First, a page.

News & Events

Education, Skills and the Human Face of UK Productivity


Michael Mercieca writes:

“Productivity. It’s a word that strikes boredom into the heart of the majority of people. And I’ll grant you, it’s hard to get excited about a measure of input versus output value per worker, per hour. But it is a vital measure of how we’re doing as a country. And since the economic crash, productivity in the UK, and many Western economies, has been absolutely dire and shows little sign of sustainable growth in the future.

“Basically, the UK is just not very productive. Just this week in The Sunday Times, George Osborne referred to it as the ‘British Disease’, and he’s reportedly looking to address the problem with a plan masterminded by Lord O’Neill, the new Treasury Minister. At the same time, the paper’s Economics Editor, David Smith, highlighted new figures from the Office for National Statistics showing that productivity in the last decade (2005-2015) averaged a little under 0.5 per cent, compared to 22 per cent in the previous decade (1995-2005) and 26 per cent between 1985 and 1995. Even though this decade included the Great Recession, the figure is far too low. So there is a lot of work to be done.

“Usually this poor performance is put down to a lack of investment in new machinery or new technology; a lack of new infrastructure such as roads and railways. Yes, if you replace a machine that produces 100 widgets per hour with one that produces 200, with no extra staff costs, you have doubled your productivity (very roughly). This has been argued very persuasively by economist and entrepreneur John Mills. And yes, better roads and faster trains mean workers and goods can travel quicker, therefore less time lost on non-productive journeys. But there is one extra, often-ignored, element that’s affecting our productivity: education.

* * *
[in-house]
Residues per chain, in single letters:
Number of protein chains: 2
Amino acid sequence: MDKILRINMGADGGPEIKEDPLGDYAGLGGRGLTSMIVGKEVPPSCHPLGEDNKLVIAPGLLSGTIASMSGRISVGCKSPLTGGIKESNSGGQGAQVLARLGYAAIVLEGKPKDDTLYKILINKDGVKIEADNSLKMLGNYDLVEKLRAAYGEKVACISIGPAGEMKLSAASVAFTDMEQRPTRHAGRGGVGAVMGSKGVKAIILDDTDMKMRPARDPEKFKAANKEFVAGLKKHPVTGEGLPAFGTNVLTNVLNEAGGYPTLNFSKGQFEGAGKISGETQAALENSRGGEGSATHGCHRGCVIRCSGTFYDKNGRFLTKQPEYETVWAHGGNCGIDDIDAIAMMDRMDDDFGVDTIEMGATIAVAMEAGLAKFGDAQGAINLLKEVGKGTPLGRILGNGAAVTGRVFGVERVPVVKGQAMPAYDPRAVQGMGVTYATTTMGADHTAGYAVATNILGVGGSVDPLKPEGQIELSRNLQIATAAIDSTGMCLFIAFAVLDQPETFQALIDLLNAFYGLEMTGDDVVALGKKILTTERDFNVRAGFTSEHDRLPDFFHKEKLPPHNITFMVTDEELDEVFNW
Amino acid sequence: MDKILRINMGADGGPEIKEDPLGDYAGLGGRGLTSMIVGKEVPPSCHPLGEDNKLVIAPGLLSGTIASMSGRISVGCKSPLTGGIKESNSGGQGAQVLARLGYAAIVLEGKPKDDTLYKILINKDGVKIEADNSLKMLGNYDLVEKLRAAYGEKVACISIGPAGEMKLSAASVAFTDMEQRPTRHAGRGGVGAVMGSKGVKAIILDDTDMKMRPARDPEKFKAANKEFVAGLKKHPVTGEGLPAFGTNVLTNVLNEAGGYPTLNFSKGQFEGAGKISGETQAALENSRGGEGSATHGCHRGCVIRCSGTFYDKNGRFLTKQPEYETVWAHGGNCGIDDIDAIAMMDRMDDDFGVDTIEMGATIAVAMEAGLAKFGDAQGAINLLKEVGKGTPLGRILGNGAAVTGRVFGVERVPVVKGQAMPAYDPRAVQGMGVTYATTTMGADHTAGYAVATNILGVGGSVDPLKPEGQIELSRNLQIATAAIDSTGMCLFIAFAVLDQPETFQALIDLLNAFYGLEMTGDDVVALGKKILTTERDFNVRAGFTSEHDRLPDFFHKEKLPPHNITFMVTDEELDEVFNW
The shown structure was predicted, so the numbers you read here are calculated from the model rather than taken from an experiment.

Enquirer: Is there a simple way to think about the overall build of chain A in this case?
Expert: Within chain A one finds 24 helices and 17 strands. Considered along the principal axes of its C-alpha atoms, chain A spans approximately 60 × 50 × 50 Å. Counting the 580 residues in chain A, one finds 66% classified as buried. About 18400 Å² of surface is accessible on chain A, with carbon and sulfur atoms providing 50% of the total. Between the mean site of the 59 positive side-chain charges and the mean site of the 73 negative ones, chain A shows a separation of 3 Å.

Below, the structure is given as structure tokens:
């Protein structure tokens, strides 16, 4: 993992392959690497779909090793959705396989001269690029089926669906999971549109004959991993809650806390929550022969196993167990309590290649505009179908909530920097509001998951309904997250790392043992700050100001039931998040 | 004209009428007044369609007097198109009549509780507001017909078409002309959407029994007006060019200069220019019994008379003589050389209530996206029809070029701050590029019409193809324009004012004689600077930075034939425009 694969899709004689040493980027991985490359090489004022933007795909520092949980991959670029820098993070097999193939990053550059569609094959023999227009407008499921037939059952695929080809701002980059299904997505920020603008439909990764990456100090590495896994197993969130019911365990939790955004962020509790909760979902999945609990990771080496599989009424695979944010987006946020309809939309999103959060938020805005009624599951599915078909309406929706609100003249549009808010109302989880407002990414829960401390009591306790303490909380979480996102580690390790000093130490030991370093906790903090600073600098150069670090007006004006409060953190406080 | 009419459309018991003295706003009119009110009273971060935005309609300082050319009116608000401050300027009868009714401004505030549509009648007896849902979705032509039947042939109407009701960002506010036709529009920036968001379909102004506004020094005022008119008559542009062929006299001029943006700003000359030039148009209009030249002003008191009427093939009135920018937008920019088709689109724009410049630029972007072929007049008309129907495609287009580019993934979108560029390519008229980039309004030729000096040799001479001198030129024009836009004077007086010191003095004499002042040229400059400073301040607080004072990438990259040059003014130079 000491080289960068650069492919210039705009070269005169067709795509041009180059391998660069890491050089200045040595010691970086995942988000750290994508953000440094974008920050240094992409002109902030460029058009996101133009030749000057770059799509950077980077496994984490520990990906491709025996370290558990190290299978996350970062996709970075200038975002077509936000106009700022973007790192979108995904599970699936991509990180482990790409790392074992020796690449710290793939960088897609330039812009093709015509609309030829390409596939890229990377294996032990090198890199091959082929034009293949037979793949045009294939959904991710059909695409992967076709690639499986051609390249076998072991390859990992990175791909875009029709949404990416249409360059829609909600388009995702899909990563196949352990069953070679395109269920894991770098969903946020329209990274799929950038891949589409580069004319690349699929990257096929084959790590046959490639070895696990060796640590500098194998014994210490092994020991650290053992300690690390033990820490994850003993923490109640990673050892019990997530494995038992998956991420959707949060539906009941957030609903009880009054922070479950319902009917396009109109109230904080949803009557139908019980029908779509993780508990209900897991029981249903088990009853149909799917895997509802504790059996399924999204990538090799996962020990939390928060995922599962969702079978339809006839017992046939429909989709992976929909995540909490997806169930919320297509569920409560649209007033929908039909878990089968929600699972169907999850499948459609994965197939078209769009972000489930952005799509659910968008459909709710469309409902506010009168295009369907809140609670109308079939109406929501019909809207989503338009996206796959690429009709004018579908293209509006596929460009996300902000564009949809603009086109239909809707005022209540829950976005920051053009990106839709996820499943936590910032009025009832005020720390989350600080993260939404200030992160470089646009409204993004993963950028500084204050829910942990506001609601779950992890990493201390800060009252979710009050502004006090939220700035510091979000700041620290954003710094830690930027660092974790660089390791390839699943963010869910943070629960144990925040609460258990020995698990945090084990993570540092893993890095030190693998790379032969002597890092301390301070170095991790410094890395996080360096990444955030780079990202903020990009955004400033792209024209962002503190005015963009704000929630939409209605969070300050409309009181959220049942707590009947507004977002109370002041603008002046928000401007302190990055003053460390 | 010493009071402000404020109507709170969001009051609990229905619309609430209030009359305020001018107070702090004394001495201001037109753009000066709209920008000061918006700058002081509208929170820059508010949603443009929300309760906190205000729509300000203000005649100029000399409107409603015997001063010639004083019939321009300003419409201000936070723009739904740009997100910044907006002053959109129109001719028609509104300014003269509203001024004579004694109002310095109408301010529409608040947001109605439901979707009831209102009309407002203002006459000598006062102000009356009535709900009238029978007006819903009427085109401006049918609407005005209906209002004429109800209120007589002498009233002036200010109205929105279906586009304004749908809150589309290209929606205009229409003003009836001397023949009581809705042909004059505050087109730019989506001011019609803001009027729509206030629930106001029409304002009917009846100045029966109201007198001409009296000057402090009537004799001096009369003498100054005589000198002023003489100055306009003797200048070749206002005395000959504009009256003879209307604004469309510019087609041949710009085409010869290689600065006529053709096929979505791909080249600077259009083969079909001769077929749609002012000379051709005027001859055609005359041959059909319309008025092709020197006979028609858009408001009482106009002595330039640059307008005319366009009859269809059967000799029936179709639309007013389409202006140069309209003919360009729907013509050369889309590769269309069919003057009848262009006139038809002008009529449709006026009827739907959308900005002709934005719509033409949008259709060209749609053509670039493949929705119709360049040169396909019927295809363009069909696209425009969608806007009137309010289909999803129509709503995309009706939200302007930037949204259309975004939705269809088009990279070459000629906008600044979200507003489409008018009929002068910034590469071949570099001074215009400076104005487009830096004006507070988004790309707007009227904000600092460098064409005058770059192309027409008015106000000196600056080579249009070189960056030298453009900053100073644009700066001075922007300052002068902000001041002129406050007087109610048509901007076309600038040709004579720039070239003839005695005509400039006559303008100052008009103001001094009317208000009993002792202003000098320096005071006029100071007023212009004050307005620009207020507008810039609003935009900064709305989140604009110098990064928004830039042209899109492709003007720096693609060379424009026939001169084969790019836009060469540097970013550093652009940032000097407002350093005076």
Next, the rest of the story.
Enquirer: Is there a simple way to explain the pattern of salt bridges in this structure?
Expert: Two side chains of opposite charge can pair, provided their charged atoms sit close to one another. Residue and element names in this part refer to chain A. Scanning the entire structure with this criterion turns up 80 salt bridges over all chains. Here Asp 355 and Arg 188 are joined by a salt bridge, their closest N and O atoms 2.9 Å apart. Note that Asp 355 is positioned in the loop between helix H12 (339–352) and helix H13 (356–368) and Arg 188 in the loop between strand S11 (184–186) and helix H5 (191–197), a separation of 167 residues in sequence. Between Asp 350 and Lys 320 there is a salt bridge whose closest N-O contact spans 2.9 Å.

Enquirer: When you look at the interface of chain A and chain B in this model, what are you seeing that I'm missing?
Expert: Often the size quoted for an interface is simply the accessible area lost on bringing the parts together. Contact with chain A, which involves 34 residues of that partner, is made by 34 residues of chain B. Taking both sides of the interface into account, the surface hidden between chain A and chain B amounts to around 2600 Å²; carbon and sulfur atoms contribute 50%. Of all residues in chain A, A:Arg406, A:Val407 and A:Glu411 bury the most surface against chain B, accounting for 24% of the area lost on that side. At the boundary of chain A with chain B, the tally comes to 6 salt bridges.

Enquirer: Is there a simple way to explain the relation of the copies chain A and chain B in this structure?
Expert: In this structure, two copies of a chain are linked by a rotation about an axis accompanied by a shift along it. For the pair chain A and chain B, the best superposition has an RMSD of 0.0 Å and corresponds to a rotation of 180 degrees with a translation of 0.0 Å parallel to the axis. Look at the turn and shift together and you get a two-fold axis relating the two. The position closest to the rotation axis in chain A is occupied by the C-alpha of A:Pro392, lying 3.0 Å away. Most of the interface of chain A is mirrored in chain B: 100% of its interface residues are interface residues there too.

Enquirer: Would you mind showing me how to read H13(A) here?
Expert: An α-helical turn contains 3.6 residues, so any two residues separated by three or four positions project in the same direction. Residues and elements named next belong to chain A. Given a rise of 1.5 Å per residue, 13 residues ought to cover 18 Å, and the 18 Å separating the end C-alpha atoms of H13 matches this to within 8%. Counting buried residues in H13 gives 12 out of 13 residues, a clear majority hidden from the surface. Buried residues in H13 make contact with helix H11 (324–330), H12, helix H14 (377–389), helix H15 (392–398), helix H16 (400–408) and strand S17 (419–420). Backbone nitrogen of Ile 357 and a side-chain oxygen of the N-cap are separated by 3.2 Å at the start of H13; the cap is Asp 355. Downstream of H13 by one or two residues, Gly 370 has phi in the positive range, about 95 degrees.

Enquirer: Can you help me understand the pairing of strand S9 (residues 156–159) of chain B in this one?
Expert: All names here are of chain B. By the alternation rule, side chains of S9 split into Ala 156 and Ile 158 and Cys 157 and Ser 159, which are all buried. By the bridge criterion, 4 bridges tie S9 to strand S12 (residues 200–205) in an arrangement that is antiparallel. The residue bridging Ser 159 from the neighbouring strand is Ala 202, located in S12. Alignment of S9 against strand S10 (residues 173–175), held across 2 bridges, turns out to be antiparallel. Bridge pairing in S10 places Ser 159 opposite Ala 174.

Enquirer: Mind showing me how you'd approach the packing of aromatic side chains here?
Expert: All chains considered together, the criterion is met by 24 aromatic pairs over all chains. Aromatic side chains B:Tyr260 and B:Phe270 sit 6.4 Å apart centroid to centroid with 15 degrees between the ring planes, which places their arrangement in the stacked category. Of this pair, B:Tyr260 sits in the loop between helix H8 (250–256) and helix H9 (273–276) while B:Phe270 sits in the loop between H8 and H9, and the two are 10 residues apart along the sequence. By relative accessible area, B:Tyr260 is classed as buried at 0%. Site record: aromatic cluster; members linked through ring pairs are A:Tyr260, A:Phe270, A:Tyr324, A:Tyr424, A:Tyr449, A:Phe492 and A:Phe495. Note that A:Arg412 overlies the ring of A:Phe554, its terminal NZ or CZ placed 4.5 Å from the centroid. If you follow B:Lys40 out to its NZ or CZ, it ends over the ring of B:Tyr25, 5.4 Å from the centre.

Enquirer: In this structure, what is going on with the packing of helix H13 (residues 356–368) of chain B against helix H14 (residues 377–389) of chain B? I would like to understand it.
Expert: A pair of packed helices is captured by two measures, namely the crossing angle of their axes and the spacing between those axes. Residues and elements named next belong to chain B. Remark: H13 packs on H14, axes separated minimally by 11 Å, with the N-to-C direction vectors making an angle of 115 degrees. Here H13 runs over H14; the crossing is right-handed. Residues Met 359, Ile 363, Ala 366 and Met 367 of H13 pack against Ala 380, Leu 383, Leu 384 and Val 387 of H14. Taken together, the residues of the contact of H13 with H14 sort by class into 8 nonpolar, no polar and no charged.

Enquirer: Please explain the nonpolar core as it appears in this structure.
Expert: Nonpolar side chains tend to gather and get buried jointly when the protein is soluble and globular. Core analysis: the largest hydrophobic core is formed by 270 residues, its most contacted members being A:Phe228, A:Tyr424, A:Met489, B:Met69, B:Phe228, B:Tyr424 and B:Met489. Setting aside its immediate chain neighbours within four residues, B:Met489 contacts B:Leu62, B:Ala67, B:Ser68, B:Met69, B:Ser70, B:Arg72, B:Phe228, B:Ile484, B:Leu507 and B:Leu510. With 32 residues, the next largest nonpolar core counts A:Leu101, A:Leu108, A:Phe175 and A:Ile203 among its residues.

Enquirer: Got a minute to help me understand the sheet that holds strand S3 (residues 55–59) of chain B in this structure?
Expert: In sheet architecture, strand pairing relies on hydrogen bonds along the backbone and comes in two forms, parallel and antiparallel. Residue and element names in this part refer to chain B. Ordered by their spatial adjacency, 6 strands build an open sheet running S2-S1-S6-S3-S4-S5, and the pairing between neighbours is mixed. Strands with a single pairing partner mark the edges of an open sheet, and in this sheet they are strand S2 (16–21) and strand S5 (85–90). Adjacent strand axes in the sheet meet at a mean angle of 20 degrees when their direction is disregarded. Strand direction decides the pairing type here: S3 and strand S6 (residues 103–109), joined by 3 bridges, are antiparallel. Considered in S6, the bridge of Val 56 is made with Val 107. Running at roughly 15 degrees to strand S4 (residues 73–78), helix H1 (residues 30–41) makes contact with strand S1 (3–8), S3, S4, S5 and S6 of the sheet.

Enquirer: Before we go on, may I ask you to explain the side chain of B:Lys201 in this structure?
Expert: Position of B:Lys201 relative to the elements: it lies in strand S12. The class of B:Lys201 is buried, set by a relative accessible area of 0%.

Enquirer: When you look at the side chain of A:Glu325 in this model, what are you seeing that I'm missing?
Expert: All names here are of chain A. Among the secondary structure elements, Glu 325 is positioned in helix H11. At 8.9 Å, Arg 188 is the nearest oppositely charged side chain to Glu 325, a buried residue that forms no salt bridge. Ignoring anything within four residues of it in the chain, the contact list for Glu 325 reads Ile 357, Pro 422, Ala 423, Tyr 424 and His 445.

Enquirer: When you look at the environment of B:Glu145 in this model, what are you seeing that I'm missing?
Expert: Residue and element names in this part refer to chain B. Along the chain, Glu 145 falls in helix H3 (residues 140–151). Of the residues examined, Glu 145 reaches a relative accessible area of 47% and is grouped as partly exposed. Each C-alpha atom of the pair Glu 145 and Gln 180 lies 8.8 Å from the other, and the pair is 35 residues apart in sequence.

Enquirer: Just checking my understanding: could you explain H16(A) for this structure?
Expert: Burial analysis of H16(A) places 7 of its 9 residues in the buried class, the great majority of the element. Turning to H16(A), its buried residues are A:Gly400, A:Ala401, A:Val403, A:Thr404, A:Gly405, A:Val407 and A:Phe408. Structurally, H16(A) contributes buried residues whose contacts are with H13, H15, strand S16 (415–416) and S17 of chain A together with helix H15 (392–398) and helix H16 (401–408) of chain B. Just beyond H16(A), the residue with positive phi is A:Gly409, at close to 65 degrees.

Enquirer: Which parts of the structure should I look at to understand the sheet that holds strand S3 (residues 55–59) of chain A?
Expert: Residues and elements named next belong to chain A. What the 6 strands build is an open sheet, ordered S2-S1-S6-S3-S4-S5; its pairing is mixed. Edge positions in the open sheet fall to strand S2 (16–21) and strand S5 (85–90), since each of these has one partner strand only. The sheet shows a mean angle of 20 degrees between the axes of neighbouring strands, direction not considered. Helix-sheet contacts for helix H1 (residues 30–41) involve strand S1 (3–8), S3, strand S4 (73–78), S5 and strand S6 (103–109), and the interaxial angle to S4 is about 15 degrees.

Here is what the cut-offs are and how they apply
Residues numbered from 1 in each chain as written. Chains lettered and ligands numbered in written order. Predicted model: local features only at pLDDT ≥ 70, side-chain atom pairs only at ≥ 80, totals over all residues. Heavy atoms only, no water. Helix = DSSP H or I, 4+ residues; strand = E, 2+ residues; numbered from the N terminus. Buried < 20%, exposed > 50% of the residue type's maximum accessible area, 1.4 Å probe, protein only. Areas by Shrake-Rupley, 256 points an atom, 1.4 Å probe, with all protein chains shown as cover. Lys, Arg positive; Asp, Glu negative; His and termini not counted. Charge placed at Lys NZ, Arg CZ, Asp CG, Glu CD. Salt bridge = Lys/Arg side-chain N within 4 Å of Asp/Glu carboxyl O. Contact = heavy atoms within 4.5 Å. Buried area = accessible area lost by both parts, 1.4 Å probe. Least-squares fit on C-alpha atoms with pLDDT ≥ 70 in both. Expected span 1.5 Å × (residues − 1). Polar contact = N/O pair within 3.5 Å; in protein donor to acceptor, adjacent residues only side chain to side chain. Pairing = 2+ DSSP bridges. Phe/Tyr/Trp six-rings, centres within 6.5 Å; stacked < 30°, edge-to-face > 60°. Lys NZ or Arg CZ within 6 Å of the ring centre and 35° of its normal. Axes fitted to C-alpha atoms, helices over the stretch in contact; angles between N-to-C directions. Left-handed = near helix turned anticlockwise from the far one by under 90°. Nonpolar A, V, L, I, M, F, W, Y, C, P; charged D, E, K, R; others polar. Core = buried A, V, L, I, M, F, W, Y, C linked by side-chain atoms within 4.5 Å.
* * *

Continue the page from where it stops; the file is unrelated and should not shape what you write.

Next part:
“In 2014, the Bank of England became so perplexed by the UK’s weak productivity that it published a Quarterly Bulletin called ‘The Productivity Puzzle’. It’s a careful analysis on structural and demand issues, procyclical factors, impaired capital allocation and the macroeconomic environment. It also has some very nice formulae. But only once does it come close to mentioning the possibility that education might be a factor: ‘Indeed, in the early stages of the recession, the Bank’s Agents reported that […] having fired workers early on in the course of those downturns, companies then found it difficult to find workers with the appropriate, firm-specific skills when the economy recovered, and were thus less able to take advantage of improved demand conditions.’ ”

Read the full article on the Huffington Post website.